You’ve heard us talk about Greens Latkes numerous times, that it’s a great way to use up a bunch of nutritious greens as a quick tasty meal. Now, of course, when most people hear latkes, they think of Potato Latkes, or, as some people refer to them, potato pancakes. Traditionally served with applesauce or even a dab of sour cream, we actually like them with a bit of sweet chili sauce and maybe a sprinkle of Soy sauce. But, the thing we like best is that Potato Latkes take just a few minutes and just a few ingredients to whip up.
Since we hadn’t made these for years, we went straight to our go-to cookbook: The Joy of Cooking, by Irma S. Rombauer and Marion Rombauer Becker. Our version is from the 1970’s and it has everything from skinning a squirrel to how to open a bottle of Champagne (both useful, but rarely are these kitchen techniques needed at the same time). So, if you are looking for a great first cookbook, we heartily recommend that you run out to a used book store and find a copy. And, of course, somewhere between the Carrots Vichy and the Roquefort Sour Cream Dressing, we found a recipe for Potato Pancakes.
Makes about 12-16 latkes
- 4 medium baking potatoes, such as Russets
- 3 eggs
- 1-2 Tbs flour
- 1 tsp salt
- 1/4 cup onion, minced
- Oil for frying
Potatoes are heavily sprayed with fungicides and pesticides, so we recommend buying organic, if possible. If not, peel your potatoes. Eggs, of course, should be local and free range. A lot of people are now raising hens in their backyards; maybe there is someone in your neighborhood who would be willing to sell you some eggs.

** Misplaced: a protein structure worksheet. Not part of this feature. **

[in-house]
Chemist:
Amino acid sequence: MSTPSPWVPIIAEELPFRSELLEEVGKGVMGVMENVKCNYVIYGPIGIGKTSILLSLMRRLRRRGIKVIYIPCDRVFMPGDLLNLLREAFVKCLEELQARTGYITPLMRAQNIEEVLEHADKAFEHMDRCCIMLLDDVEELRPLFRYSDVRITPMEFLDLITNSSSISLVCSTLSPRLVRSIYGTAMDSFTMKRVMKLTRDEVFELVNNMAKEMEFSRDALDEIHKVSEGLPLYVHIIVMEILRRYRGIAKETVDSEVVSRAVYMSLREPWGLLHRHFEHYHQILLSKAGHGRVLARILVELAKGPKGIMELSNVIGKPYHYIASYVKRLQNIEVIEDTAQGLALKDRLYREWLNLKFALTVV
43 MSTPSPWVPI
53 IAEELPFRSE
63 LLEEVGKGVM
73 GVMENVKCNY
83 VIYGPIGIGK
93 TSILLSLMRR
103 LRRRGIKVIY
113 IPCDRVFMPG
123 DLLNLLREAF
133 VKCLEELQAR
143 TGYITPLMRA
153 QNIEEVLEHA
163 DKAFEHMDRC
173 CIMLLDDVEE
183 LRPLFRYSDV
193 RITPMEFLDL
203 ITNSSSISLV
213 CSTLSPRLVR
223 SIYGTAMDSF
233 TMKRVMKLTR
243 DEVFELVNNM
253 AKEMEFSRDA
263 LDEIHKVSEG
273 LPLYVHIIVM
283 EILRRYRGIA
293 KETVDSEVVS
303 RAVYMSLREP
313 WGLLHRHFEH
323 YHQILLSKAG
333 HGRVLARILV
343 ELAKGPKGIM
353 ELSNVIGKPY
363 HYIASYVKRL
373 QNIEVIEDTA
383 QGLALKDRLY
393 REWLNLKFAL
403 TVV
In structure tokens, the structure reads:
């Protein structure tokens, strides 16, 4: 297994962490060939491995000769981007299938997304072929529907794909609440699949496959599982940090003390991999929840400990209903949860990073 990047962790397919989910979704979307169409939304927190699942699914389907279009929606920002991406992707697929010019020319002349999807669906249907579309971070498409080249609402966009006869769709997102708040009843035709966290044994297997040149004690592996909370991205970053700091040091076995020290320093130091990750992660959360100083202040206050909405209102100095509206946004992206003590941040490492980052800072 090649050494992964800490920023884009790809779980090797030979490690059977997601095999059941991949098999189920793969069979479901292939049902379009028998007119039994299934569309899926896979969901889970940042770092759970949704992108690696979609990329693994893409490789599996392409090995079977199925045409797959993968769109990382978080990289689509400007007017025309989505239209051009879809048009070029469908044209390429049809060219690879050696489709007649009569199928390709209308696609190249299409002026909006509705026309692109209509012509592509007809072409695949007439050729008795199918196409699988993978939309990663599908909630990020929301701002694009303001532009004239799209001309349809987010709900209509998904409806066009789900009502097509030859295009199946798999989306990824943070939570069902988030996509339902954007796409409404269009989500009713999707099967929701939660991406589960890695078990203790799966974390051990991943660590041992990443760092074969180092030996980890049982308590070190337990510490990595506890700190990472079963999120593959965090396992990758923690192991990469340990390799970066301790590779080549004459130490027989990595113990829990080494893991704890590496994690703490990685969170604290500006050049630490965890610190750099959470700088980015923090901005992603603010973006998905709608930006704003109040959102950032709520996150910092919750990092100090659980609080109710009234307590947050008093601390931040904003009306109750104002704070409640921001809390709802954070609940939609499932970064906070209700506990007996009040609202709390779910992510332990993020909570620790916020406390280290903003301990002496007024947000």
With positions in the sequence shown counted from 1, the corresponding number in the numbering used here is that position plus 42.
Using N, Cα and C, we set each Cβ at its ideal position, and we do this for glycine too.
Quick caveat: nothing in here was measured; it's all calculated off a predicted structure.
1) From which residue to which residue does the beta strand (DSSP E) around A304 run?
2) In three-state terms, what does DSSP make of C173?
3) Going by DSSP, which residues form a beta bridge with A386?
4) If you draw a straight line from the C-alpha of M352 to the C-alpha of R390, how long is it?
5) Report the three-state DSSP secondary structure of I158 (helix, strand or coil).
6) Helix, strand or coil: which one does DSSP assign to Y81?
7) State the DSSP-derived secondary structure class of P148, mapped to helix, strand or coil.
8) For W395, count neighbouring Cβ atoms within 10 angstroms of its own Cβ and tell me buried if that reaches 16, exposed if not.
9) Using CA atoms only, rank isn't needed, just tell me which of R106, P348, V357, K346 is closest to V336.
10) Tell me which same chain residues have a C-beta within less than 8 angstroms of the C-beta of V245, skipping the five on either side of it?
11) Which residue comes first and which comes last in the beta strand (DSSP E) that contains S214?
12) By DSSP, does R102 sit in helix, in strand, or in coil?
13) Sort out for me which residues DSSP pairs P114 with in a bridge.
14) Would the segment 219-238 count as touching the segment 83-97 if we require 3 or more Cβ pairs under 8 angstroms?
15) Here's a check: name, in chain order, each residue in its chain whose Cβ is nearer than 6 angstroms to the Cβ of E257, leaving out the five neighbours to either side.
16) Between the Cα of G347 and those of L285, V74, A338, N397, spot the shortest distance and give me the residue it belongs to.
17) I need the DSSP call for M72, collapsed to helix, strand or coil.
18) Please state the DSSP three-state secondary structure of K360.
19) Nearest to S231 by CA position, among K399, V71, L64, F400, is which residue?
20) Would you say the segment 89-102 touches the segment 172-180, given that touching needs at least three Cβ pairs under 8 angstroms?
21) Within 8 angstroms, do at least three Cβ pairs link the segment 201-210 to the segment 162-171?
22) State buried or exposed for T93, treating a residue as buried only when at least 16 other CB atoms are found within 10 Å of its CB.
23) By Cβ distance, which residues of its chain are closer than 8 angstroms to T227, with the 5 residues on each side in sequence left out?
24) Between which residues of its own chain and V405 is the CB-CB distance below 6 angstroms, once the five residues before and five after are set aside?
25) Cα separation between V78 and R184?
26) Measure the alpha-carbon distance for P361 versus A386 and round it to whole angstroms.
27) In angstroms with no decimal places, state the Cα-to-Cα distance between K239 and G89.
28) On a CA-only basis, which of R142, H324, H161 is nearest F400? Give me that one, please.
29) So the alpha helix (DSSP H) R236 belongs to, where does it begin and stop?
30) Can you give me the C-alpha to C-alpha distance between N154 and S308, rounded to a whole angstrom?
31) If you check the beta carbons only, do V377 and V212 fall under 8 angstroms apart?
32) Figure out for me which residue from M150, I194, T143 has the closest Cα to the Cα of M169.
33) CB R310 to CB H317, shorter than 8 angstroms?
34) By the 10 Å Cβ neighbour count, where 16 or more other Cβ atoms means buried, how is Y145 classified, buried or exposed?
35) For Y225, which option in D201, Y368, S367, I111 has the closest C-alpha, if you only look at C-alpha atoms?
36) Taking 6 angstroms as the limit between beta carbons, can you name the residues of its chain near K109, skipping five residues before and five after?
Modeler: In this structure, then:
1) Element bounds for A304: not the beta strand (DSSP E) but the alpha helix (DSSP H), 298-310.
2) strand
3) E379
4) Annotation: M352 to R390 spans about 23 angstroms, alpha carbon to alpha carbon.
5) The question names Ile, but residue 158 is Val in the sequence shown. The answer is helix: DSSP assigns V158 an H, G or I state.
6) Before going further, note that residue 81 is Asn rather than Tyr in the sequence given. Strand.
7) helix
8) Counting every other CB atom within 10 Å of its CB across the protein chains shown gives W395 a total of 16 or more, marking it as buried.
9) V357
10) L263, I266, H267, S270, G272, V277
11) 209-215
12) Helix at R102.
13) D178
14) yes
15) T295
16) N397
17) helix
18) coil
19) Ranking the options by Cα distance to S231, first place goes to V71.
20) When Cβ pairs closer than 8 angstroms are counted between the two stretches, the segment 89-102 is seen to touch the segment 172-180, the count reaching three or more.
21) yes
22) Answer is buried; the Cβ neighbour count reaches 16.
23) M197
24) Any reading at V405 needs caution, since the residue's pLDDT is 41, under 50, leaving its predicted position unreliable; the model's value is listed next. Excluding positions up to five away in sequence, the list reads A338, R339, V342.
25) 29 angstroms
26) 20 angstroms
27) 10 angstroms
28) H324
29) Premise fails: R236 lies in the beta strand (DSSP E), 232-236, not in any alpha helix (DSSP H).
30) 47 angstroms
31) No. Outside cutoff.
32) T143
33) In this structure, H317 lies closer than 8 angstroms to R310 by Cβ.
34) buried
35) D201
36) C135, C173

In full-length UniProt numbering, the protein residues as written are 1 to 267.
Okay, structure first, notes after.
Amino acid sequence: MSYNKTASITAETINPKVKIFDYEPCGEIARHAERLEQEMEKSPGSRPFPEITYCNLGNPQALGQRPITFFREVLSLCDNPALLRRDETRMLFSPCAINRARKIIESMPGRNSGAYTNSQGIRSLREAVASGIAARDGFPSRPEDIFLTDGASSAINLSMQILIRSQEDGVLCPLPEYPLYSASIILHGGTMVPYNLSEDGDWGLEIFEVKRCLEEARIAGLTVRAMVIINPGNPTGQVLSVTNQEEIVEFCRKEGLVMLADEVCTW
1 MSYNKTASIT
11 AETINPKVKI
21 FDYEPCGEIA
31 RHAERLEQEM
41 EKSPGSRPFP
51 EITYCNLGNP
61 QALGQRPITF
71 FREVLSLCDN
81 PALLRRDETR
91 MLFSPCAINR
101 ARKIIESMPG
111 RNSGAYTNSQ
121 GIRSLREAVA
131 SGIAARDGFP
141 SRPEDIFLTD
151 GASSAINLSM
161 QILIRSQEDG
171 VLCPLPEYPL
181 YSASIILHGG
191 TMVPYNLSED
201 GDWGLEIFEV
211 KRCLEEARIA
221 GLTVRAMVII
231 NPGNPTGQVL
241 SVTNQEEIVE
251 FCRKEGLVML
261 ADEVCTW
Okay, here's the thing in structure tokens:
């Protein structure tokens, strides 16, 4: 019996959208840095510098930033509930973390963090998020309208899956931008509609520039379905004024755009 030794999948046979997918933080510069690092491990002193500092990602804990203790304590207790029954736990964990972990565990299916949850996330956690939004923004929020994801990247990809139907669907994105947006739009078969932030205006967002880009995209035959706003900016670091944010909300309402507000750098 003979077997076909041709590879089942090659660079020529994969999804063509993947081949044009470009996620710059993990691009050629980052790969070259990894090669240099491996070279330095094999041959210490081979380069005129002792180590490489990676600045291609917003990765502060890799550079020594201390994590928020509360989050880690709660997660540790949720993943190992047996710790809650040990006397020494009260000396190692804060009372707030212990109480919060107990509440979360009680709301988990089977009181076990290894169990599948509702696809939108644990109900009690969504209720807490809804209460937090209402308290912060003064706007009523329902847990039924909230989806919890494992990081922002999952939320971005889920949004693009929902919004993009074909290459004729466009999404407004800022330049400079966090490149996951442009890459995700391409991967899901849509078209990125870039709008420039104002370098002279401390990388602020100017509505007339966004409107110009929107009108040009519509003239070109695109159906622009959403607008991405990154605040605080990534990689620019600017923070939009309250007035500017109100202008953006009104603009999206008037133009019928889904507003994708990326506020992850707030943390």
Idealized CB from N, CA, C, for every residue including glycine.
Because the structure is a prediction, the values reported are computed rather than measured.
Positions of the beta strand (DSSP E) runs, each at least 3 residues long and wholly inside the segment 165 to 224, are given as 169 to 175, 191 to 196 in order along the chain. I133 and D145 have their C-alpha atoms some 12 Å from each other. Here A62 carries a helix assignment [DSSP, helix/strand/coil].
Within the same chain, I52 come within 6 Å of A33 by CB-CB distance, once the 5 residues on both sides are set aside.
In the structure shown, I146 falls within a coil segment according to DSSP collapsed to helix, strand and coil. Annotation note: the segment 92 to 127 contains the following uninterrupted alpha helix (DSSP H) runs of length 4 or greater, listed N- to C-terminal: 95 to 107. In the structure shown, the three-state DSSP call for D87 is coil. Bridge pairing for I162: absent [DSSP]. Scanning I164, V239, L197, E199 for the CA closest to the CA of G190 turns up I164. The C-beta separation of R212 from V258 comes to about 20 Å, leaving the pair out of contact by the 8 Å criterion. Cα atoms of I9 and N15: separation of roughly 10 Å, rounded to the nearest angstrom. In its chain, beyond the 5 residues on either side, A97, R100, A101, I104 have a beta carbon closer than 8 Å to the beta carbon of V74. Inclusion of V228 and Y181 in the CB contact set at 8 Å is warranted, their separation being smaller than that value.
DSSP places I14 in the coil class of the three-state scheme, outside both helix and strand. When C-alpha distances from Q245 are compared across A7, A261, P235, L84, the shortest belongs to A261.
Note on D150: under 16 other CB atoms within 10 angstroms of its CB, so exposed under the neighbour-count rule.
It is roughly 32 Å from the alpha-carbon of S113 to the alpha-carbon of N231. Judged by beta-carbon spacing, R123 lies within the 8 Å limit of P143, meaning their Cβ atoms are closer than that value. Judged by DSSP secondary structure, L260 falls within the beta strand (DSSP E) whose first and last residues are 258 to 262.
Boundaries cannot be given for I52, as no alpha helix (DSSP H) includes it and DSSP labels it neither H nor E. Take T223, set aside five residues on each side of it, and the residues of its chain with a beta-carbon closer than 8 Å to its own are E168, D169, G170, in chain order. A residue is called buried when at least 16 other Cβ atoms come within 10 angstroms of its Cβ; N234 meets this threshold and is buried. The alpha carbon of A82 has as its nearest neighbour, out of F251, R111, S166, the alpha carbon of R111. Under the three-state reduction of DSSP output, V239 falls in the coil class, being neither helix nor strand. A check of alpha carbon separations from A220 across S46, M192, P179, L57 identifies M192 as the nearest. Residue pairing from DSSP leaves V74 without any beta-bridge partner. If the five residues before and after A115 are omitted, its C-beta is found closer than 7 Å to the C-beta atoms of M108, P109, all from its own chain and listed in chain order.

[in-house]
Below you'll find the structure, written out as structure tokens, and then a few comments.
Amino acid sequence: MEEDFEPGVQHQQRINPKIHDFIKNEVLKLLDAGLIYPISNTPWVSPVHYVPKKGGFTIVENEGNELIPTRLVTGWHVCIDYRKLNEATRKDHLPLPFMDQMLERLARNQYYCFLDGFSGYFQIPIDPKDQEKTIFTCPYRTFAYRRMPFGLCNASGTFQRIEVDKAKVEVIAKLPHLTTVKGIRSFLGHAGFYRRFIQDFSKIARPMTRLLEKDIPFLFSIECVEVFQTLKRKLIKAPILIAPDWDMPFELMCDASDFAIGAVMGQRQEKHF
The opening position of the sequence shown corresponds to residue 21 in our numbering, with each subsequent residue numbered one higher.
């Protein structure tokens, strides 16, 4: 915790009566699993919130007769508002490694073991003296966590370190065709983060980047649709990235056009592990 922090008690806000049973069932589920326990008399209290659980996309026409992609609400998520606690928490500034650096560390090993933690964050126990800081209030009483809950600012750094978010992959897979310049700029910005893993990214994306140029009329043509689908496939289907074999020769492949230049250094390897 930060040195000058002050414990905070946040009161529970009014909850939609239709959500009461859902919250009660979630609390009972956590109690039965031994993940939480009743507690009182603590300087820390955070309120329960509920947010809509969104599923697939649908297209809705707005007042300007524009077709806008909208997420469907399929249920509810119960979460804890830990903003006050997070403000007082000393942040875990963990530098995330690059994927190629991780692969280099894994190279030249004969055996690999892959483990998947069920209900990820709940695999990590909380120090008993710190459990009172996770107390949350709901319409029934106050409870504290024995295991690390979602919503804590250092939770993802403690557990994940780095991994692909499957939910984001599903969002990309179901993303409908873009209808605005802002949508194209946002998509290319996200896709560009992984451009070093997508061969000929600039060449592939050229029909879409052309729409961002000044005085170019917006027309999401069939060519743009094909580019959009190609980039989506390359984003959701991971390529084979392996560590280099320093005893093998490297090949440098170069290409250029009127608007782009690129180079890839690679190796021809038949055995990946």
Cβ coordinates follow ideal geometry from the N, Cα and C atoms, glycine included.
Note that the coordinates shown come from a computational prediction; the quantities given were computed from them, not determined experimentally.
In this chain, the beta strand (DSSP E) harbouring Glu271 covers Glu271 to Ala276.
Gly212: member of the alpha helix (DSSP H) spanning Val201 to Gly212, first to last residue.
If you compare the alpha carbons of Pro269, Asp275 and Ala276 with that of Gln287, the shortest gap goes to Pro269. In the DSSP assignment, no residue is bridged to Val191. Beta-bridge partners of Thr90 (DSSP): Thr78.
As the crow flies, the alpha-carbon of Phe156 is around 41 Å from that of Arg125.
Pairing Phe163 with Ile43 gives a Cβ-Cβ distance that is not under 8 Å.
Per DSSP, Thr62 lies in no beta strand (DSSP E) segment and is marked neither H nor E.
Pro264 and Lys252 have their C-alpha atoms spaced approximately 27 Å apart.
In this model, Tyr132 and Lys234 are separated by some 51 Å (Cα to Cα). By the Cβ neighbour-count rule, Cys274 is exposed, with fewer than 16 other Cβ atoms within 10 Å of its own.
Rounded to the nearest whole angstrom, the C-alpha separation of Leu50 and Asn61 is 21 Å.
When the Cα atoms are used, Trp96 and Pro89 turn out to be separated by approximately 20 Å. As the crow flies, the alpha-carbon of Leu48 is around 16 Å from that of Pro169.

Peel potatoes. Wash and peel the potatoes, making sure to remove any spots that are black or discolored.
Grate potatoes. Working quickly, grate the potatoes into a medium-sized bowl. If you’re slow, the potatoes will start to oxidize and turn brown. It’s not harmful, but it just doesn’t look that great.
Add eggs. Once the potatoes are grated, add the three eggs, and stir until the potatoes are coated.
Add flour and salt. If you can estimate amounts, just add the flour and salt by eyeballing the measurements. It’s not critical (after all, potatoes differ in size, so every batch will be slightly different anyway). Stir until combined.
Add onions. Toss in the minced onions and stir to combine.
Fry. Heat a skillet containing about 1/4-inch oil over medium heat until the oil shimmers. Add heaping tablespoons of the potato mixture and flatten into pancake shapes. Fry five minutes, turn, and fry five minutes more.
Serve. We like to have these right out of the pan, so we just serve them up and eat while the next batch is frying. If you are going for more a sit-down meal, you can place the pancakes on a rack over a baking sheet in a 200°F oven to keep warm and crispy while you finish frying.
So what’s not to like? Fried potatoes, quick and easy, dirties one bowl, a spoon, and a skillet. Sounds as if it’s at least a four star to us.